Progressive Metal has the essence to be one of the most interesting genres of music. And for many earlier releases in the genre, this was true. However, over the years, many Prog bands have limited themselves to playing as inaccessible stuff as possible whilst dwelling on Dream Theater clichés. New Jersey’s Symphony X isn’t without the latter – Michael Romeo’s heavy start-stop riffing screams John Petrucci’s influence – but they also know how to write a good song. In addition, they have a great singer – scratch that, a brilliant one – and an ear for recognizable melodies that many of their colleagues lack.
While the quintet has continued to release quality Progmetal records with remarkably good songwriting, they have yet to surpass their 1997 masterpiece ‘The Divine Wings Of Tragedy’. It’s on this album when they discovered the ultimate recipe to their blend of neoclassical melodies, mythologically inspired themes and ornate arrangements. Also, the mixing job is surprisingly dynamic and organic, which makes the album a pleasure to the ears quite litterally. It gives the light-and-shade workings of the band a little more breathing room than on many contemporary Metal records, including some of their own more recent albums.
‘The Divine Wings Of Tragedy’ combines the virtuosic intricacy that the genre demands with an almost catchy approach to songwriting. Nowhere on the record is that more obvious than on the fantastic ‘Out Of The Ashes’. The heavily neoclassical intro – besides Petrucci, Yngwie Malmsteen is an obvious influence for Romeo – there’s an aggressive verse with singer extraordinaire Russell Allen sounding almost as good as a young Ronnie James Dio, after which one of the most beautifully melodic choruses in nineties Metal takes over. ‘The Eyes Of Medusa’ and the awesome opener ‘Of Sins Of Shadows’ have equal interactions between complex riff work and passages that leave a lot of room for Allen’s incredible range.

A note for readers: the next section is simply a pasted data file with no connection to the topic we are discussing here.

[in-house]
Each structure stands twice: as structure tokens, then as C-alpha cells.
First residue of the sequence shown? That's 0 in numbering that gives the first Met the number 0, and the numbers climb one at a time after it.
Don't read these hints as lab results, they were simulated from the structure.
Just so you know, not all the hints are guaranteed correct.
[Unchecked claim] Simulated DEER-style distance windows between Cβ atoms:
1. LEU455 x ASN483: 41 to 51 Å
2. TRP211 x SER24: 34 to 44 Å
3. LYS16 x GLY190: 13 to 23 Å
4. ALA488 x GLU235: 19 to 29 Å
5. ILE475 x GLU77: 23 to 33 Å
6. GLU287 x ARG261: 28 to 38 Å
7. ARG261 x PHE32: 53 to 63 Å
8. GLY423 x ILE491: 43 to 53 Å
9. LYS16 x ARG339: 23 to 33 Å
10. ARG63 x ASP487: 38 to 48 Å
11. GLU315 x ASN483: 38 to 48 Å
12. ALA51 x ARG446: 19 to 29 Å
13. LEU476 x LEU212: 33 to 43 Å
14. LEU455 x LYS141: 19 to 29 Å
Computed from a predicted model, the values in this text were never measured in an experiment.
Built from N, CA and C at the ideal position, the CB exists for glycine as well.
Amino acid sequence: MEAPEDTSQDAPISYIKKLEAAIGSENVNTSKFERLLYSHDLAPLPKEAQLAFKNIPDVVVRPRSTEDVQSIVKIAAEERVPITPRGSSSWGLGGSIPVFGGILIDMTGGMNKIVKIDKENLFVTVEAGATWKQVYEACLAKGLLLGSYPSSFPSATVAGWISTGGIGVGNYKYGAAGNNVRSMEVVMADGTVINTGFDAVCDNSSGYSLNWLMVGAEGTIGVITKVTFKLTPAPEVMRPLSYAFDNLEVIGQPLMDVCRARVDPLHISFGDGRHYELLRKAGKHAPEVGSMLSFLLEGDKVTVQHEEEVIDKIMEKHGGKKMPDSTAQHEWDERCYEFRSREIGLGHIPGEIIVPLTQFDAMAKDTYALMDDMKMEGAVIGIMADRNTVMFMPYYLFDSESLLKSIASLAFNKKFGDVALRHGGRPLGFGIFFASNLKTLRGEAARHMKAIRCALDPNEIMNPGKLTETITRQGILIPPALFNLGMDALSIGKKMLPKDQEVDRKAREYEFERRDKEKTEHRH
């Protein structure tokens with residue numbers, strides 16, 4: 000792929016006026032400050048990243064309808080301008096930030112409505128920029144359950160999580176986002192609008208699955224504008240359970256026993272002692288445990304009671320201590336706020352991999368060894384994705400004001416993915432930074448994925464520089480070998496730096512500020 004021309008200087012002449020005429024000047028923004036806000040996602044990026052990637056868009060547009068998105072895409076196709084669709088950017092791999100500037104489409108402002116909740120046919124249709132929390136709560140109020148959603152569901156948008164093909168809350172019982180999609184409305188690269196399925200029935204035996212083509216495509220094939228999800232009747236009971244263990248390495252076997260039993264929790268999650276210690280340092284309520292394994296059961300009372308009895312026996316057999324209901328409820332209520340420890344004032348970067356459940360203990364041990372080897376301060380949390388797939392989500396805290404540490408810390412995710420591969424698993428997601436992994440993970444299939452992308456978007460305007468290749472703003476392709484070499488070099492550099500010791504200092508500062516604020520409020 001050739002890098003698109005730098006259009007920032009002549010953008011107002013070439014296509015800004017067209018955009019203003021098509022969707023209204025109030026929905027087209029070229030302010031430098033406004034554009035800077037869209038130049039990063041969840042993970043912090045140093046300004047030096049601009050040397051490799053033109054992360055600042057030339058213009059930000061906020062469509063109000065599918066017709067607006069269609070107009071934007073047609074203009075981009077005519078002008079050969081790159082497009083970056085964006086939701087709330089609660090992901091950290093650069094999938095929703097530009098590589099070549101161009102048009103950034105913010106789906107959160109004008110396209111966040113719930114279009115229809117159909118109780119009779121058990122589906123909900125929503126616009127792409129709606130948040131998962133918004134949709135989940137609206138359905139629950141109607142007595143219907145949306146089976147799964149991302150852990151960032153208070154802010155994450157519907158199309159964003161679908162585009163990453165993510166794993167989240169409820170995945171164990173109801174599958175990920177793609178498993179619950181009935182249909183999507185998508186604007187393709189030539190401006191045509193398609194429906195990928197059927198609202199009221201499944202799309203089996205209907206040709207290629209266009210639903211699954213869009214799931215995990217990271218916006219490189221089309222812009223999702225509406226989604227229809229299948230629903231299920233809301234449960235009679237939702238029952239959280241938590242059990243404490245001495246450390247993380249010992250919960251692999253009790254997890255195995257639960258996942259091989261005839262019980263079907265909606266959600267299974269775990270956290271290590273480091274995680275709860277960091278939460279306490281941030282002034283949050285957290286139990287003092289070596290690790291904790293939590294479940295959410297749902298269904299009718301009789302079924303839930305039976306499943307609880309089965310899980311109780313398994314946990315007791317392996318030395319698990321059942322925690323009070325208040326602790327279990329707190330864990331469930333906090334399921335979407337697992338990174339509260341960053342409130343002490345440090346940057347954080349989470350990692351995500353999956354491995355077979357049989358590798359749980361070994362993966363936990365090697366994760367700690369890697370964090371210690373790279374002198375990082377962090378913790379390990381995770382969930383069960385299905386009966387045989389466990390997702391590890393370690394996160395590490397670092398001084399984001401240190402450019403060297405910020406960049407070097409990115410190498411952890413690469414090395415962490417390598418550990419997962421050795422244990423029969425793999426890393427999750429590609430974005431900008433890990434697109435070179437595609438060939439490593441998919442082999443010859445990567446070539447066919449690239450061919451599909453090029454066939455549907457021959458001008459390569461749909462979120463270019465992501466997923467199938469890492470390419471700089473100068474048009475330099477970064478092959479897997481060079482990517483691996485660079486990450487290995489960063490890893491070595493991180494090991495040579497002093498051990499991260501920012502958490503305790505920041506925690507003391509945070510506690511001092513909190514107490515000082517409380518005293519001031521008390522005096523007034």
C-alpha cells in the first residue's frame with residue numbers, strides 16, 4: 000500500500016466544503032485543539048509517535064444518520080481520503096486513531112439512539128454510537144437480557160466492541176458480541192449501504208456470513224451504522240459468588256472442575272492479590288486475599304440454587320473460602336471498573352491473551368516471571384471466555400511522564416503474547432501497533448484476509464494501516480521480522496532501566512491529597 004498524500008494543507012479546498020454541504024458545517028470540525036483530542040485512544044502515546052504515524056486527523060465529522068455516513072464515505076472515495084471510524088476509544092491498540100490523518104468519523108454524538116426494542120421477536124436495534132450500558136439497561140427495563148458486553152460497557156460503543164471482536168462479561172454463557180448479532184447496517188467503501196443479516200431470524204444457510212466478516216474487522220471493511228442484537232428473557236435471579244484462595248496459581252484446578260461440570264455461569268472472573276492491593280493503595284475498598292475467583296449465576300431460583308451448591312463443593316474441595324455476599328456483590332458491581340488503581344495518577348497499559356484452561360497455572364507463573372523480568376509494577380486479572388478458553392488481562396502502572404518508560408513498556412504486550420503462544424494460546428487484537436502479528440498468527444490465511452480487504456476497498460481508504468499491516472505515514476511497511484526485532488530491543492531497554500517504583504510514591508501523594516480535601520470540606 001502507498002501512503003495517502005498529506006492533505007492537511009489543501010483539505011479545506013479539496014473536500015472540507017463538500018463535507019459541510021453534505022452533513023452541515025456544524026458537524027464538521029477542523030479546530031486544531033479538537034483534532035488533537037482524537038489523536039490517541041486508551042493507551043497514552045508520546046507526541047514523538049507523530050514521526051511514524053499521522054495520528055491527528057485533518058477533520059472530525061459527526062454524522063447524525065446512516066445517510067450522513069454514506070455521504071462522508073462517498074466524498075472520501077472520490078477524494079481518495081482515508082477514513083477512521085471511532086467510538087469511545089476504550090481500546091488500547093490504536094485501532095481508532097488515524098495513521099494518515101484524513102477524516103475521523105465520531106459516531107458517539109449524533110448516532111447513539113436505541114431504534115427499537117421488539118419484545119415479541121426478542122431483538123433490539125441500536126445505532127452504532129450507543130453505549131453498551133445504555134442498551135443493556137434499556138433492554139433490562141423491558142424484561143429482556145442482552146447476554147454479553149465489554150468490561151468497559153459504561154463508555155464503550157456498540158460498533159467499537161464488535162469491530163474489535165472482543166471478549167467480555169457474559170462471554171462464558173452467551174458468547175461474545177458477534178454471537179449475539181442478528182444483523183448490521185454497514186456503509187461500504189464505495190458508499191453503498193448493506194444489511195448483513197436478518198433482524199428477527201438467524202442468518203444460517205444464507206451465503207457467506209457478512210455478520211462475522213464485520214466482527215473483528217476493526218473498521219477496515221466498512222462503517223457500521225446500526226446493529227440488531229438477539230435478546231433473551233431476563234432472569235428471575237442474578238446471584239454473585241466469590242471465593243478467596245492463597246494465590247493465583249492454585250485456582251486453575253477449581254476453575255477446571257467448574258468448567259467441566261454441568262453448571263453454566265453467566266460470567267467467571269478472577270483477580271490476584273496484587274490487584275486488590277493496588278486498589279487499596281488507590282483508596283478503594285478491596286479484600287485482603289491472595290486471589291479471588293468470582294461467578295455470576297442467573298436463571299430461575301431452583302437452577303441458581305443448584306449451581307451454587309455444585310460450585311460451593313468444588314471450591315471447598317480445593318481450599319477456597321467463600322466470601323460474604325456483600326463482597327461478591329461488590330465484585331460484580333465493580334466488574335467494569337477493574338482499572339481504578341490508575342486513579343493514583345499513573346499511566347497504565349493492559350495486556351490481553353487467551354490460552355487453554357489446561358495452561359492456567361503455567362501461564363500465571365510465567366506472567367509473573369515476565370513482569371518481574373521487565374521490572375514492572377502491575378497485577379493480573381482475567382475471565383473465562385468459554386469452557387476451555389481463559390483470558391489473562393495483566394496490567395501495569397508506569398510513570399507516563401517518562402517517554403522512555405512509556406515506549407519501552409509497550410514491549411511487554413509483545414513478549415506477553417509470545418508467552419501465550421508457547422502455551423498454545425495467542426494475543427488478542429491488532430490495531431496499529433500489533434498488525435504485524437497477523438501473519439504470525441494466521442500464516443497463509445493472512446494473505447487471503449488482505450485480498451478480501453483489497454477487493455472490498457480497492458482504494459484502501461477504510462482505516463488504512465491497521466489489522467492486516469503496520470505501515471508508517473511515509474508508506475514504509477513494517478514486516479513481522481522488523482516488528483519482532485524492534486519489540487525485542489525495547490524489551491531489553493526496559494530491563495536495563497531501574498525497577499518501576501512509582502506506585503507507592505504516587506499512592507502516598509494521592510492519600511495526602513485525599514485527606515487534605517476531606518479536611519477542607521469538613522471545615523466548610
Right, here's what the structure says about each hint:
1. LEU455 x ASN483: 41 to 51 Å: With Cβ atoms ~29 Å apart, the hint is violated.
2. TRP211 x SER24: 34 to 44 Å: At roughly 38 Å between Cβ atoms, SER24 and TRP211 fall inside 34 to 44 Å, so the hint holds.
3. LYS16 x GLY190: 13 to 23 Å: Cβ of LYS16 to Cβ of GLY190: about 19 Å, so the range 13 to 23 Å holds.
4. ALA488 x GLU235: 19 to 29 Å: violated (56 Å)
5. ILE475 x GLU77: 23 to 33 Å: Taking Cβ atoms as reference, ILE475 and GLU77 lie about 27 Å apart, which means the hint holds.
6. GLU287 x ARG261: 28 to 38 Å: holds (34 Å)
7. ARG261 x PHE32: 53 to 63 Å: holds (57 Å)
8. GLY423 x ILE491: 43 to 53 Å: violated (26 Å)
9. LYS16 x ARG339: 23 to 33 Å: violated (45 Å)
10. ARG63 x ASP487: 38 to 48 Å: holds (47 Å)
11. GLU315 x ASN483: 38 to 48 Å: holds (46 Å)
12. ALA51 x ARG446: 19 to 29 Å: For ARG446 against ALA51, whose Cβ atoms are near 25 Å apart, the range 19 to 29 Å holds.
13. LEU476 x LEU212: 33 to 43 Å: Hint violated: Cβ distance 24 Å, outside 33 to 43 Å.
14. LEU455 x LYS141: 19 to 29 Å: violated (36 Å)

But there’s more. ‘The Accolade’, whilst still firmly within the Progressive Metal realm, finds the band adapting a surprisingly Romantic – capital R – approach both musically and lyrically, while ‘Candlelight Fantasia’ is as close to a Prog ballad as it gets. A beautiful song with heartwrenching lyrics. ‘Sea Of Lies’ was probably the band’s most aggressive song at the time, but the most notable song would be the twenty plus minute title track that works itself surprisingly fluently through a number of amazing movements and a couple of beautiful climaxes. The song has all of the band’s five members performing their hearts out.
A work of art. Not just the title track, the entire album. In the end, ‘Pharaoh’ – despite its cool chorus – and ‘The Witching Hour’ are slightly less memorable, but that’s probably mostly due to the fact that they’re surrounded by amazing songs. That’s ultimately what sets ‘The Divine Wings Of Tragedy’ above almost any other Progressive Metal album: the entire album is a pleasing listen, but every song is rewarding to listen to separately as well. And so it is proven that excellent musicianship doesn’t necessarily exclude great songwriting. Possibly, but not necessarily.
Recommended tracks: ‘Out Of The Ashes’, ‘Candlelight Fantasia’, ‘The Divine Wings Of Tragedy’